David B. Dillon

I think the only comment I'd make on that is just refer back to what Mike said about the flow of the quarters through the year. That contains -- that guidance on as you think about the quarters gives you the best feel we have for the way we currently expect it to flow. But as we've pointed out, we also make tactical adjustments as the year go on. And if we've done that, we'll try to identify that if it's meaningful.

Karen F. Short - BMO Capital Markets U.S.

Okay. And then just the last question. Looking at your share repurchases in fiscal '12, I guess, obviously, this is a high year. But in '12, what do you consider kind of a more normalized cadence on the share repurchases or maybe in terms of free cash flow allocation?

J. Michael Schlotman

Yes. If you look at it over time in years where we haven't done an aggressive buyback like '11, it's typically been in the $400 million to $600 million range. We like to do enough to offset dilution, and it's relatively steady throughout the year. Don't have a particular target in mind as I sit here today because some of it is driven by all of the forces around us and what other opportunities we have to invest in cash. I'm happy with my debt rating, my guidance on -- our guidance on CapEx is a little bit higher because we continue to see some phenomenal store sites come our way and some technology projects that we think will be attractive returns for the long haul.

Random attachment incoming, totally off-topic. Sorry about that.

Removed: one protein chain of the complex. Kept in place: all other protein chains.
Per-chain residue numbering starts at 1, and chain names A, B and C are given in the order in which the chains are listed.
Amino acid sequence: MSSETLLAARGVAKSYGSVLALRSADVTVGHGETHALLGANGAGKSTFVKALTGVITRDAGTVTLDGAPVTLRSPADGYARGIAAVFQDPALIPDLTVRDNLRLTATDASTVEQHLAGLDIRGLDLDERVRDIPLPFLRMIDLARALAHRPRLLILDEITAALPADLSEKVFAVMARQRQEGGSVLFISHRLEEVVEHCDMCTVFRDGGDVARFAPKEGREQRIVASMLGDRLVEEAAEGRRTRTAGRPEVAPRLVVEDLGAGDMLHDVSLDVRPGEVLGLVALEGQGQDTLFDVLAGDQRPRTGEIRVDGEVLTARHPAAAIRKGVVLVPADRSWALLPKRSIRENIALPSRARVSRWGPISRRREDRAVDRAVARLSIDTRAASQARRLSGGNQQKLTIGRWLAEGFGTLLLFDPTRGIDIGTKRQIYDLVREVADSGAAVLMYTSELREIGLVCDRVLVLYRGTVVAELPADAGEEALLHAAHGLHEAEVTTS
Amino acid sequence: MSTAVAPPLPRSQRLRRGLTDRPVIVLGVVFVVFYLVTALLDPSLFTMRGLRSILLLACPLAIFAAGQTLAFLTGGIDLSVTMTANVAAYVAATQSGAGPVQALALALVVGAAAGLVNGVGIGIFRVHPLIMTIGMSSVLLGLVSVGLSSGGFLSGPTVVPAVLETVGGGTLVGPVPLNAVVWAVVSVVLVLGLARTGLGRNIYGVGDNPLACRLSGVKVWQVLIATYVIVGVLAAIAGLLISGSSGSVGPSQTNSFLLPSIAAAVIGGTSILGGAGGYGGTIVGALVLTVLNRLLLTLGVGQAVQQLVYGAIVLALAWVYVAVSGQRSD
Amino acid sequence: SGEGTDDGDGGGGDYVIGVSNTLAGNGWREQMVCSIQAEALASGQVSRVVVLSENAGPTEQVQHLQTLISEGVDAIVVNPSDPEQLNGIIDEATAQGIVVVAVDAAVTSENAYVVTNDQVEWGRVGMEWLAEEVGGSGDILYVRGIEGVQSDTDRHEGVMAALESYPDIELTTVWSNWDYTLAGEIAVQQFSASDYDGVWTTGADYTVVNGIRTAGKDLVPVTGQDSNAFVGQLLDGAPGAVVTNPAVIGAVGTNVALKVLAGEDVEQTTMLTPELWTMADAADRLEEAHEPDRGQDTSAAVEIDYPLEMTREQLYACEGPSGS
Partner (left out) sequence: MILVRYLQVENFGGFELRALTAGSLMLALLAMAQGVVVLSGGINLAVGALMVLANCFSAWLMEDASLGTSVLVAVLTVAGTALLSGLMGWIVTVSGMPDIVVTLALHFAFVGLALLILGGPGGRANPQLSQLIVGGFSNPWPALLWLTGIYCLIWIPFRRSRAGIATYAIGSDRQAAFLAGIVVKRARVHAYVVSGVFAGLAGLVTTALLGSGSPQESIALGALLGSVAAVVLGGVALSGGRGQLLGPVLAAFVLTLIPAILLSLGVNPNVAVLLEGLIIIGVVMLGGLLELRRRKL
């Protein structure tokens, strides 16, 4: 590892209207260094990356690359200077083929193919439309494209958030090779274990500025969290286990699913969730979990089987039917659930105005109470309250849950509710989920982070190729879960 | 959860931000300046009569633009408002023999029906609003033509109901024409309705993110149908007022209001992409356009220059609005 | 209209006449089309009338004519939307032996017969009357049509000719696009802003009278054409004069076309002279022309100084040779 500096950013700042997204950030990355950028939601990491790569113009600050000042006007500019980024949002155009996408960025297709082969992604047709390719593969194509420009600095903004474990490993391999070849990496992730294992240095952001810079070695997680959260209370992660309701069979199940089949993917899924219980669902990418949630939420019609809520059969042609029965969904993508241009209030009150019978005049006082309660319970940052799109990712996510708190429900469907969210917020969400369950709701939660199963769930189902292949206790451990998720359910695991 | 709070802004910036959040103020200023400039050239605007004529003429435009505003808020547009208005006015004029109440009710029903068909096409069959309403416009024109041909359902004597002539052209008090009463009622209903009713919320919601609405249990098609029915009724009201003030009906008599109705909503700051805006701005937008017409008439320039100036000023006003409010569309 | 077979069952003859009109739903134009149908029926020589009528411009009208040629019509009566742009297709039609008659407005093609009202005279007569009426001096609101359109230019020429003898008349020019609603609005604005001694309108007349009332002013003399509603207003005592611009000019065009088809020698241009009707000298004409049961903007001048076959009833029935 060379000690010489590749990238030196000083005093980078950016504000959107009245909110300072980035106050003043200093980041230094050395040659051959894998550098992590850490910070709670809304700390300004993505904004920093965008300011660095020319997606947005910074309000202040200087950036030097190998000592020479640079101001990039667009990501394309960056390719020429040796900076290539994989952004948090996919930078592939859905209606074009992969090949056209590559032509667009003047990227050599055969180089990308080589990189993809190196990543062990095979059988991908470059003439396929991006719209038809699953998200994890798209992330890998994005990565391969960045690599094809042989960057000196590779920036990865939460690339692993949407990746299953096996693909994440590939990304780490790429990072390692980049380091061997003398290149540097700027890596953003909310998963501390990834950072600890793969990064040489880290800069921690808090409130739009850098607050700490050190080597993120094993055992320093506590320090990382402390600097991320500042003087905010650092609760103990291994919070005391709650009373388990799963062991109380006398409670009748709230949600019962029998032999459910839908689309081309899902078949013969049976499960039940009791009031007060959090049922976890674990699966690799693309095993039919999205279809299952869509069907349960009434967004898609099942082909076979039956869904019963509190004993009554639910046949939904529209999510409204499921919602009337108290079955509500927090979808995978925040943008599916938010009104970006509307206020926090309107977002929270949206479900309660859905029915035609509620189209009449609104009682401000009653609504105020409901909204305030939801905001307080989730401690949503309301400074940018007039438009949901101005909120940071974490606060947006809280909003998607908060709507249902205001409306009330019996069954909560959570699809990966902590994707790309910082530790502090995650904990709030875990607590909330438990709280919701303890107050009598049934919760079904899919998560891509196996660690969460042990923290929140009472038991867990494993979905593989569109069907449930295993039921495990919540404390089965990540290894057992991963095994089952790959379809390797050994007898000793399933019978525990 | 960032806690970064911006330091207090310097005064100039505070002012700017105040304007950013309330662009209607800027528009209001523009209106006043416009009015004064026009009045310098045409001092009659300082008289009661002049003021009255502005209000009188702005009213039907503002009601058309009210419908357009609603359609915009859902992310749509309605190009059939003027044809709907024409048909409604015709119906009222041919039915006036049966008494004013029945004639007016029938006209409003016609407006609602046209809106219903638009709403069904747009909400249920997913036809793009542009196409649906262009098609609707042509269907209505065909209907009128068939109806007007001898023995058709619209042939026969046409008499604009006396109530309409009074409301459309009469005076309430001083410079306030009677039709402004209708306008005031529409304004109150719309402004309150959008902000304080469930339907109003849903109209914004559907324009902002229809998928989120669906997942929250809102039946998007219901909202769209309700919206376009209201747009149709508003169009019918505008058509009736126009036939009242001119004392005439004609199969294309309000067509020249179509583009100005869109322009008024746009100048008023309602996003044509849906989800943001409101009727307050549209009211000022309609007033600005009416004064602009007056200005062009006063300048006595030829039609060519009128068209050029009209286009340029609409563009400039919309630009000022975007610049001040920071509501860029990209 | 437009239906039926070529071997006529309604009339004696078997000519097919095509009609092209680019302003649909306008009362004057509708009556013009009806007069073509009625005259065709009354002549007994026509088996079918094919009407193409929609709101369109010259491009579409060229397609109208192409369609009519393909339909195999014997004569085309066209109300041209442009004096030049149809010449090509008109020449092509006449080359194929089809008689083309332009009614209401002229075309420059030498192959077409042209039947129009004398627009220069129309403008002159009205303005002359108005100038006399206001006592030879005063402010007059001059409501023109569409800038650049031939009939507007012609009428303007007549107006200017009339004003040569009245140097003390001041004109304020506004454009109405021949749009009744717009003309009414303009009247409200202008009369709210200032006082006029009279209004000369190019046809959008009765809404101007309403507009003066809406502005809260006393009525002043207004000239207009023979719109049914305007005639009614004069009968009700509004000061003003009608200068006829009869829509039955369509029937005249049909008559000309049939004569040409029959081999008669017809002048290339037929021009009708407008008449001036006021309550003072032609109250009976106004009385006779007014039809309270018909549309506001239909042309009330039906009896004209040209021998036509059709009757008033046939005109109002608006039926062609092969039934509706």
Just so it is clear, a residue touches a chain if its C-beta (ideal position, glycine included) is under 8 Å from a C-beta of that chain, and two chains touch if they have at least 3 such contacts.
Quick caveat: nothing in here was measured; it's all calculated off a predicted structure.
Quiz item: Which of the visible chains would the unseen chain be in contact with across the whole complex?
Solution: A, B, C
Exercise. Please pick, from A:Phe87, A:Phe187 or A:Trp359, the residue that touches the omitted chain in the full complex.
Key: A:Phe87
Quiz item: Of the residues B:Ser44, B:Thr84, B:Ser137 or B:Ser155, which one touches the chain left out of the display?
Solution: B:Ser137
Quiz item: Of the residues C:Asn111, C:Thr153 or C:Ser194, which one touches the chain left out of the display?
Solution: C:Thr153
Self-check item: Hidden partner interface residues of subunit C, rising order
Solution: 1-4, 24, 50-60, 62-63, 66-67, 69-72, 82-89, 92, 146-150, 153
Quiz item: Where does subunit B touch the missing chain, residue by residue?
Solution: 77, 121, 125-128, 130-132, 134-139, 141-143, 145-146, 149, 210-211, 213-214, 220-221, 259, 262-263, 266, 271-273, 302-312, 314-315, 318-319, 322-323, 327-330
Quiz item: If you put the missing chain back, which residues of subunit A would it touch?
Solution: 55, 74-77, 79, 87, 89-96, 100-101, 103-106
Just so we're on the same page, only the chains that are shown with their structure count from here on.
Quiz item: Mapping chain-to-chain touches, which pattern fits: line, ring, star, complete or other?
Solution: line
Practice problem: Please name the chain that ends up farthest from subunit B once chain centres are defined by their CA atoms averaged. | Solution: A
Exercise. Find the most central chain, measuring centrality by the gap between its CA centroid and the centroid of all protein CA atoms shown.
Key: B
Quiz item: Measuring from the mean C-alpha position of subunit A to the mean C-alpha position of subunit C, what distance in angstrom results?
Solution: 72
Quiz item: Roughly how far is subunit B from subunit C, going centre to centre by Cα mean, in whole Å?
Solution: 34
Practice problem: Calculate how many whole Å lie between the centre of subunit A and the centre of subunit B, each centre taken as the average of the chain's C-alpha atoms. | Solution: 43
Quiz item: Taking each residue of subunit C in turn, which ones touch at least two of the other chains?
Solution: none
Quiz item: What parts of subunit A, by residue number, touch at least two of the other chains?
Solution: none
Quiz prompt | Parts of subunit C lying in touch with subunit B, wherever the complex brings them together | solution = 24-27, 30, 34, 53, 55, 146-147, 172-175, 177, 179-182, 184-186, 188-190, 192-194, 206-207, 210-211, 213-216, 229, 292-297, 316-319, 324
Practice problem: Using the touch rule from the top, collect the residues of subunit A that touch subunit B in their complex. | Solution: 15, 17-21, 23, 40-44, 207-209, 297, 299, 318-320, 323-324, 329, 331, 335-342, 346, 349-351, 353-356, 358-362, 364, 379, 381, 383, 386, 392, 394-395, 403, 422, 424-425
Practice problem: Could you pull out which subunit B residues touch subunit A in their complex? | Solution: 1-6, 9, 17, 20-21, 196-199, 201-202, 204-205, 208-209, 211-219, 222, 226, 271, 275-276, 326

Operator

Your next question will come from the line of Mark Wiltamuth with Morgan Stanley.

Mark Wiltamuth - Morgan Stanley, Research Division

Wanted to dig in a little bit here on the OG&A line. Are there any health care and pension increases kind of embedded in that number that you're going to have to overcome throughout the year?

J. Michael Schlotman

Throughout next year?

Mark Wiltamuth - Morgan Stanley, Research Division

Yes.

J. Michael Schlotman

Well, I mean, the pension -- if you look at the pension overall, if you set the contracts aside where we consolidated the pension plans, the remaining plans would have some increases in them, and all OG&A would certainly have increases in them. If you look at UFCW pension plan expense overall, because of what we did in December, that contribution and expense should decline overall in 2012. And we talked about that benefit back in December when we announced the consolidation.

Mark Wiltamuth - Morgan Stanley, Research Division